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SAFPS, OneVault to unveil imposter voice bank

Read time 3min 10sec
More organisations are using voice biometrics as second or third factor authentication.
More organisations are using voice biometrics as second or third factor authentication.

The South African Fraud Prevention Service (SAFPS) is partnering with voice biometric authentication solutions provider OneVault to launch a shared imposter voice bank.

According to SAFPS, the initiative, which will be piloted with select participants before national roll-out, aims to reduce fraudulent transactions in local call centres.

Imposter voices will be loaded onto a single shared database created by OneVault. The database will then be distributed for use by multiple companies and automated to trigger alerts in real-time when suspects phone the contact centre.

Over the years, methods of authentication have evolved from an item owned (a driver's licence), to something known (mother's maiden name), to an individual's biometric reference point (voice or fingerprint) and is known as third factor authentication.

Paul Hutton, CEO of OneVault, explains: "Voice biometrics is an authentication solution that is similar to a fingerprint in that it represents an individual's biological construct and is therefore difficult to emulate. Thus, with a combination of two or all factors - commonly known as multi-factor authentication - it's more difficult to commit fraud."

Today, voice biometrics is used across various digital platforms to authenticate users within mobile apps, contact centres, connected cars and smart homes.

The SAFPS says the explosion of online and digital transactions has increased the demand for remote security and, more specifically, remote authentication. Hutton says voice authentication is as accurate as a fingerprint and eliminates the need for an individual to be physically present to conclude a secure transaction.

By using voice biometrics to automatically cross-reference each call with the shared imposter voice bank, the agent will be alerted if there is match against the 'watch list' and a defined process can be followed. The solution is sophisticated enough that it will trigger liveness detection functionality when artificial voice production or voice manipulation is detected, notes SAFPS.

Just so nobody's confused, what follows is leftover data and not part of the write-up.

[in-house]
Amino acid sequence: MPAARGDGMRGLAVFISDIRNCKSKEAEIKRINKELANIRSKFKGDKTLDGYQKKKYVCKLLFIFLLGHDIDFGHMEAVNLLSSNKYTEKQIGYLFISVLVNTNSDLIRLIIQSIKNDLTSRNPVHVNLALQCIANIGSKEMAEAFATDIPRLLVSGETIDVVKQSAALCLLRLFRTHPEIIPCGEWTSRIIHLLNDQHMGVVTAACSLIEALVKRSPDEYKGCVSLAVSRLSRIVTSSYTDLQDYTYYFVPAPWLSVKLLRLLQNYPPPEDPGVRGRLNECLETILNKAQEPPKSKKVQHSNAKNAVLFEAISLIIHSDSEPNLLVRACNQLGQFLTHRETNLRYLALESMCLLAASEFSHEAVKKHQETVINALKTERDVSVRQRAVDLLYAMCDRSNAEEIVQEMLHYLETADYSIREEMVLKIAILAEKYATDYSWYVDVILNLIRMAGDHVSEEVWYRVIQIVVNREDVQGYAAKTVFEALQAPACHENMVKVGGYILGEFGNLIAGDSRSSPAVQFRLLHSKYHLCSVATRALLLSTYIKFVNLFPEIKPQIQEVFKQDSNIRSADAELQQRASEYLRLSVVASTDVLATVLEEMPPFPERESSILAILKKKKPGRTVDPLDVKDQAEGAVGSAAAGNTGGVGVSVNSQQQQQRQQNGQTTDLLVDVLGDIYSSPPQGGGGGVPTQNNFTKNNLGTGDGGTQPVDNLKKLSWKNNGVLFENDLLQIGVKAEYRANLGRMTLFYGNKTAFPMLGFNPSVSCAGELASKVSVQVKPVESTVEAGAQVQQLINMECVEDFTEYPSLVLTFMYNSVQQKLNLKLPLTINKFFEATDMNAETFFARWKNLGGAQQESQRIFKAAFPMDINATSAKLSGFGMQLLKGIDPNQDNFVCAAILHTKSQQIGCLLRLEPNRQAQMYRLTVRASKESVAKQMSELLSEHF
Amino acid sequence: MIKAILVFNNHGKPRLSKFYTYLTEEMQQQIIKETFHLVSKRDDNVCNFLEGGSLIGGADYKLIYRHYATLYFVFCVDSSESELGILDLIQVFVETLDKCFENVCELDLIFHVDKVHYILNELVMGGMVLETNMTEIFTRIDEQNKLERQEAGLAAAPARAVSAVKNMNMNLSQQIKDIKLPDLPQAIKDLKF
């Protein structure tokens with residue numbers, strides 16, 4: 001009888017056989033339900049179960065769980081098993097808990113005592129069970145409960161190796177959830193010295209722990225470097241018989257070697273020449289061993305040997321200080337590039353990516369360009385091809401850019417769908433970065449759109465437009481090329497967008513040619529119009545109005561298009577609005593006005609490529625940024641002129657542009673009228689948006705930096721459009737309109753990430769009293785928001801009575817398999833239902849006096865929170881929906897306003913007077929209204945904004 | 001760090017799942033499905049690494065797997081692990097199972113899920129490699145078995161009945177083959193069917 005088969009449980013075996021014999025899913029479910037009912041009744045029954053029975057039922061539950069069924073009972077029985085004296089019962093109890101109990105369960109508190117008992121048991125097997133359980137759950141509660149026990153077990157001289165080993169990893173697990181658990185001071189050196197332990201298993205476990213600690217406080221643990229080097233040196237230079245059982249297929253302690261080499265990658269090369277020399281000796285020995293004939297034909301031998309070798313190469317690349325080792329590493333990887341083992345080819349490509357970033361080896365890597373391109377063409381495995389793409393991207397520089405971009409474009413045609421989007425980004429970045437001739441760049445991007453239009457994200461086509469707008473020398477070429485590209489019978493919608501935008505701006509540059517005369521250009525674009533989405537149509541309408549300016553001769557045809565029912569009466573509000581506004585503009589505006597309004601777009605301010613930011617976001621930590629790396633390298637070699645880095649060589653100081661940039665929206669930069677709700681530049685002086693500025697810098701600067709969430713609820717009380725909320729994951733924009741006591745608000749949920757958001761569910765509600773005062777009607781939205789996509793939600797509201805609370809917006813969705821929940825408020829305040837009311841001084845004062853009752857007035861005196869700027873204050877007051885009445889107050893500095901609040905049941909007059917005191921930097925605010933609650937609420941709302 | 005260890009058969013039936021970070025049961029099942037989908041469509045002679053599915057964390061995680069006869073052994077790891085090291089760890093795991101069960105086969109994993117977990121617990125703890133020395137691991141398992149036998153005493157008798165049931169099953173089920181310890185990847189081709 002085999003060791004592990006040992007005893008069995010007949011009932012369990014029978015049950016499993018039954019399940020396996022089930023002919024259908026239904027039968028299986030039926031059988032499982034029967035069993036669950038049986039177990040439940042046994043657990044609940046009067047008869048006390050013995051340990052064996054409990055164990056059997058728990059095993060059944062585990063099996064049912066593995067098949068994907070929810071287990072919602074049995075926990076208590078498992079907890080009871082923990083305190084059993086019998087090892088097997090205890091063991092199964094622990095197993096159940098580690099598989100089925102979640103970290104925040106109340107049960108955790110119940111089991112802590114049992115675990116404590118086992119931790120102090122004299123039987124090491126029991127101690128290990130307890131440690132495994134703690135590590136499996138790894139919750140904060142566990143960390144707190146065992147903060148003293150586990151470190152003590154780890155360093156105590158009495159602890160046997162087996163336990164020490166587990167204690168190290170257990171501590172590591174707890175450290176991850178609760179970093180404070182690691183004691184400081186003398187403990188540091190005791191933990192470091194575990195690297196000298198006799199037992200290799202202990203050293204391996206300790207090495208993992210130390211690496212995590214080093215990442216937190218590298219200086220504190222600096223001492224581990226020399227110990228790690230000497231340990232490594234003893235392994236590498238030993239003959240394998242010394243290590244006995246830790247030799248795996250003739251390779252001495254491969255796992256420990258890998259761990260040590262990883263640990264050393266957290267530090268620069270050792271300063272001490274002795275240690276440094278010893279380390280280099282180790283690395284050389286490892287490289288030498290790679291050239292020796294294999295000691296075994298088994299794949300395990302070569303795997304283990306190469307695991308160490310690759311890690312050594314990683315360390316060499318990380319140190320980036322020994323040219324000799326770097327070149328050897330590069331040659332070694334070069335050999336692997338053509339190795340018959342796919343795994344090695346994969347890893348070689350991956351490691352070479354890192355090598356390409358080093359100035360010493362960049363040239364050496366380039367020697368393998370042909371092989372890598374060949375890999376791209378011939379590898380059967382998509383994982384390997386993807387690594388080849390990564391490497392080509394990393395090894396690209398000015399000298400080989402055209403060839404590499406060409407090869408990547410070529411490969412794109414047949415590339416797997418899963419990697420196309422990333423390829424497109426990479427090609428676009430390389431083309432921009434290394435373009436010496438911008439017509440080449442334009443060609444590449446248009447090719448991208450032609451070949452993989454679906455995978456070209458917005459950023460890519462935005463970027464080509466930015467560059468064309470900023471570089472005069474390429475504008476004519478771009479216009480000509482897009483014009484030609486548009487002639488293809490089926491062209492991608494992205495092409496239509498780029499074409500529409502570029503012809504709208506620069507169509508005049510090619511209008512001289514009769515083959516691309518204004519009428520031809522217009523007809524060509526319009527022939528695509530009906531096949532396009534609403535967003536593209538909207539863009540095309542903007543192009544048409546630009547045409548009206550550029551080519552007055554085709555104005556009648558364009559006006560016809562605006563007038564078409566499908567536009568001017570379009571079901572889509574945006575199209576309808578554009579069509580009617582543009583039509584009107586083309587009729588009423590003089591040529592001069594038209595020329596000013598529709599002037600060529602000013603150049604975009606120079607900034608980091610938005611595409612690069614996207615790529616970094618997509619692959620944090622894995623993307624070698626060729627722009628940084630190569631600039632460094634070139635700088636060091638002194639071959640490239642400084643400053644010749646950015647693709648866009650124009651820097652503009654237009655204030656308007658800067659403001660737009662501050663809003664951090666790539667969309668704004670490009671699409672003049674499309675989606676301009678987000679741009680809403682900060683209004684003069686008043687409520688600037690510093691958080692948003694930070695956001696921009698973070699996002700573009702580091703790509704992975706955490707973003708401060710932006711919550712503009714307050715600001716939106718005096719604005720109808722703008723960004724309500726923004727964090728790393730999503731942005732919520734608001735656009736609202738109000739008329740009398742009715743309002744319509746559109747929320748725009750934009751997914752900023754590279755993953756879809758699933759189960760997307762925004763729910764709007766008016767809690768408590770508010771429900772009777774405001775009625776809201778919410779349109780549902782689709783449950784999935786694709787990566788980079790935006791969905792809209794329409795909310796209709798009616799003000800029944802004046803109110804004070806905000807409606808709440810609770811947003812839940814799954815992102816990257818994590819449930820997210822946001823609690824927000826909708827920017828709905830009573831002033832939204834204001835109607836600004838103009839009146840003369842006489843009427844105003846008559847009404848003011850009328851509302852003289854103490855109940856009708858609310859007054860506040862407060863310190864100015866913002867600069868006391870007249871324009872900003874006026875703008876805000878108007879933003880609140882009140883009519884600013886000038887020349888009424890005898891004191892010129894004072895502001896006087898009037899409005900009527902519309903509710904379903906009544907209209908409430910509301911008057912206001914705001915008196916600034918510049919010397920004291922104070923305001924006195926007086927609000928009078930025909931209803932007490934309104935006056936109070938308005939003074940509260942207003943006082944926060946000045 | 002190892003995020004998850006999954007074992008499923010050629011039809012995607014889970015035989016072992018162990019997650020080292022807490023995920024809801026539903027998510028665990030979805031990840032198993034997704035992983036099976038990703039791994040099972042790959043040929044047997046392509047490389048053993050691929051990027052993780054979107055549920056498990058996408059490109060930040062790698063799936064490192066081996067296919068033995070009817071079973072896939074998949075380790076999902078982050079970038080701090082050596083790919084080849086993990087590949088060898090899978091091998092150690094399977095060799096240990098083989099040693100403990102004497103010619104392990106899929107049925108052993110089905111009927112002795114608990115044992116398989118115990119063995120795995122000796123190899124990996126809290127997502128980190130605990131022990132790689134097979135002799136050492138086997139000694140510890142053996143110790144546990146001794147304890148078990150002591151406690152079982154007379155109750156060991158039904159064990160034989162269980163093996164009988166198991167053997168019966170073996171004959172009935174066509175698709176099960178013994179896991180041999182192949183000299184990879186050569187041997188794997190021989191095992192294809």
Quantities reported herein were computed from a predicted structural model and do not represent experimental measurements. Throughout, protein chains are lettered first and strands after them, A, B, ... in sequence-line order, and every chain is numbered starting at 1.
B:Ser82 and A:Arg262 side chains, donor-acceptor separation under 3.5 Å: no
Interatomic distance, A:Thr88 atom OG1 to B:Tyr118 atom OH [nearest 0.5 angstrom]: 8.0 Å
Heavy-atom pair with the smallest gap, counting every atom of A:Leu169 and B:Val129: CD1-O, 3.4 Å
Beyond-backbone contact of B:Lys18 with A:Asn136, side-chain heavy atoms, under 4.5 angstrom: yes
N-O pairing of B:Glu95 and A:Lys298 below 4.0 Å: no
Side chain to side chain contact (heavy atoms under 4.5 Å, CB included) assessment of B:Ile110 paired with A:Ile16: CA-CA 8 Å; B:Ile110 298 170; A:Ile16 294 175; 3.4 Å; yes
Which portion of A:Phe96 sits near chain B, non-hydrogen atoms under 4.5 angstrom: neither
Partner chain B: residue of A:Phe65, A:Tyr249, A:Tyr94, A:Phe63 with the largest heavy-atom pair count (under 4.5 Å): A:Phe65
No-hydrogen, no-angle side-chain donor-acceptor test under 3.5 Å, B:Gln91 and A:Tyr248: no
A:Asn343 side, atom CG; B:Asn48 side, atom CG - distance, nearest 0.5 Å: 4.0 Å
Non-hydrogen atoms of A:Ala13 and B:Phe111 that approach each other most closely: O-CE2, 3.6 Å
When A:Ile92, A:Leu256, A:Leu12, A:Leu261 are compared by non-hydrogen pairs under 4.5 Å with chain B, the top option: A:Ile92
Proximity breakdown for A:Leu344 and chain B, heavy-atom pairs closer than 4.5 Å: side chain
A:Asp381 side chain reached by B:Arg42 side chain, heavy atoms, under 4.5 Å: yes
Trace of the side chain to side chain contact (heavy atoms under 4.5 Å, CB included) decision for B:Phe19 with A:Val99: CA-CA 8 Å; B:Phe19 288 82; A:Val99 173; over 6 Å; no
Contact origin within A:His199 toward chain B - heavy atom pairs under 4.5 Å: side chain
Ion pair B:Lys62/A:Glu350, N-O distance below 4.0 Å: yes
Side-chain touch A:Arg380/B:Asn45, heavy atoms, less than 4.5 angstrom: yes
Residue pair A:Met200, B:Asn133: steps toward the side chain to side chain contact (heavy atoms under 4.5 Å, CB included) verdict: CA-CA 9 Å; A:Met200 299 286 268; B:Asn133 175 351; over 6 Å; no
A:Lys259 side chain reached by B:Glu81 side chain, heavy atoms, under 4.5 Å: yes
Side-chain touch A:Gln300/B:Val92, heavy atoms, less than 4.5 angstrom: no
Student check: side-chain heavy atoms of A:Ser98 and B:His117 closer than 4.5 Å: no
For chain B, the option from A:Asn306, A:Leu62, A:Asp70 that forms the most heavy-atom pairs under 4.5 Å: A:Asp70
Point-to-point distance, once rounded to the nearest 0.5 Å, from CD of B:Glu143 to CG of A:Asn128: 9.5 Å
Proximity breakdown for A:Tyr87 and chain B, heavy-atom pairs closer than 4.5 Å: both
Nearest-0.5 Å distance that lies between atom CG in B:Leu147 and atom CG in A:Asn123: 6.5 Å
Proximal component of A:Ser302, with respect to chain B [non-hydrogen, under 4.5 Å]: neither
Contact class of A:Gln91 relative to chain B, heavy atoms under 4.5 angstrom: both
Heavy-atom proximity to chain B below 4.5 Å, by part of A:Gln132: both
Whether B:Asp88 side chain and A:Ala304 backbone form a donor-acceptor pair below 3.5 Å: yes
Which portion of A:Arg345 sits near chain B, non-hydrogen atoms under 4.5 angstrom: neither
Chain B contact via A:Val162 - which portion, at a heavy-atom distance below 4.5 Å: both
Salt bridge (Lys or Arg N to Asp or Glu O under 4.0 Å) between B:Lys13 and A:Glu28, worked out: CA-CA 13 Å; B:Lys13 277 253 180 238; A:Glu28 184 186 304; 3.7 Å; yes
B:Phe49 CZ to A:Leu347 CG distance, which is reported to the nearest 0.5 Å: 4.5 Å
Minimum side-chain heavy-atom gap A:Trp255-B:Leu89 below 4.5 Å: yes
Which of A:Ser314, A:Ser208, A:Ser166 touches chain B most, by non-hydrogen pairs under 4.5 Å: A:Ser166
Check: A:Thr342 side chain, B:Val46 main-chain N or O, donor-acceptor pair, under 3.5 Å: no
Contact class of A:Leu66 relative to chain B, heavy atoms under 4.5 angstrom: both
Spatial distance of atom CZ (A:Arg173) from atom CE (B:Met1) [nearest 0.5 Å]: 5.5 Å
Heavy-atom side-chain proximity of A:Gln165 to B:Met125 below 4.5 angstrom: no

The company encourages all its members to participate, in order to gain access to the recordings of known imposter calls.

"SAFPS has identified an innovative application to combat fraud through contact centres. Most fraud cases touch a contact centre at least once. The implementation of a shared imposter voice bank will have a substantial impact on combating this type of fraud," Hutton points out.

SAFPS says it will run a pilot for six months to enable it to apply necessary considerations to comply with South African regulations.

Manie van Schalkwyk of SAFPS says: "We decided to partner with OneVault to assist in the fight against fraud as they bring exciting new technology in voice biometrics. We want to see competitors taking hands in fighting fraud. Together we can eradicate fraud in SA."

According to international biometrics company VoiceVault, contact centre fraud is a major problem that enterprises globally are struggling to mitigate. Research shows 30% of cross-channel fraud is conducted through social engineering attacks in contact centres. This is a method of hacking that involves assuming someone else's identity in order to convince a live agent to surrender account information over the phone.

Voice biometrics firm Nuance says one out of every 2 500 calls into global financial institution's call centres is a fraudulent call and $42 546 is lost on average per account from phone fraud.

"Voice biometrics have an authentication success rate of 100%, while passwords have been proven to have a 90% success rate and fingerprints have an 80% success rate," adds Nuance.

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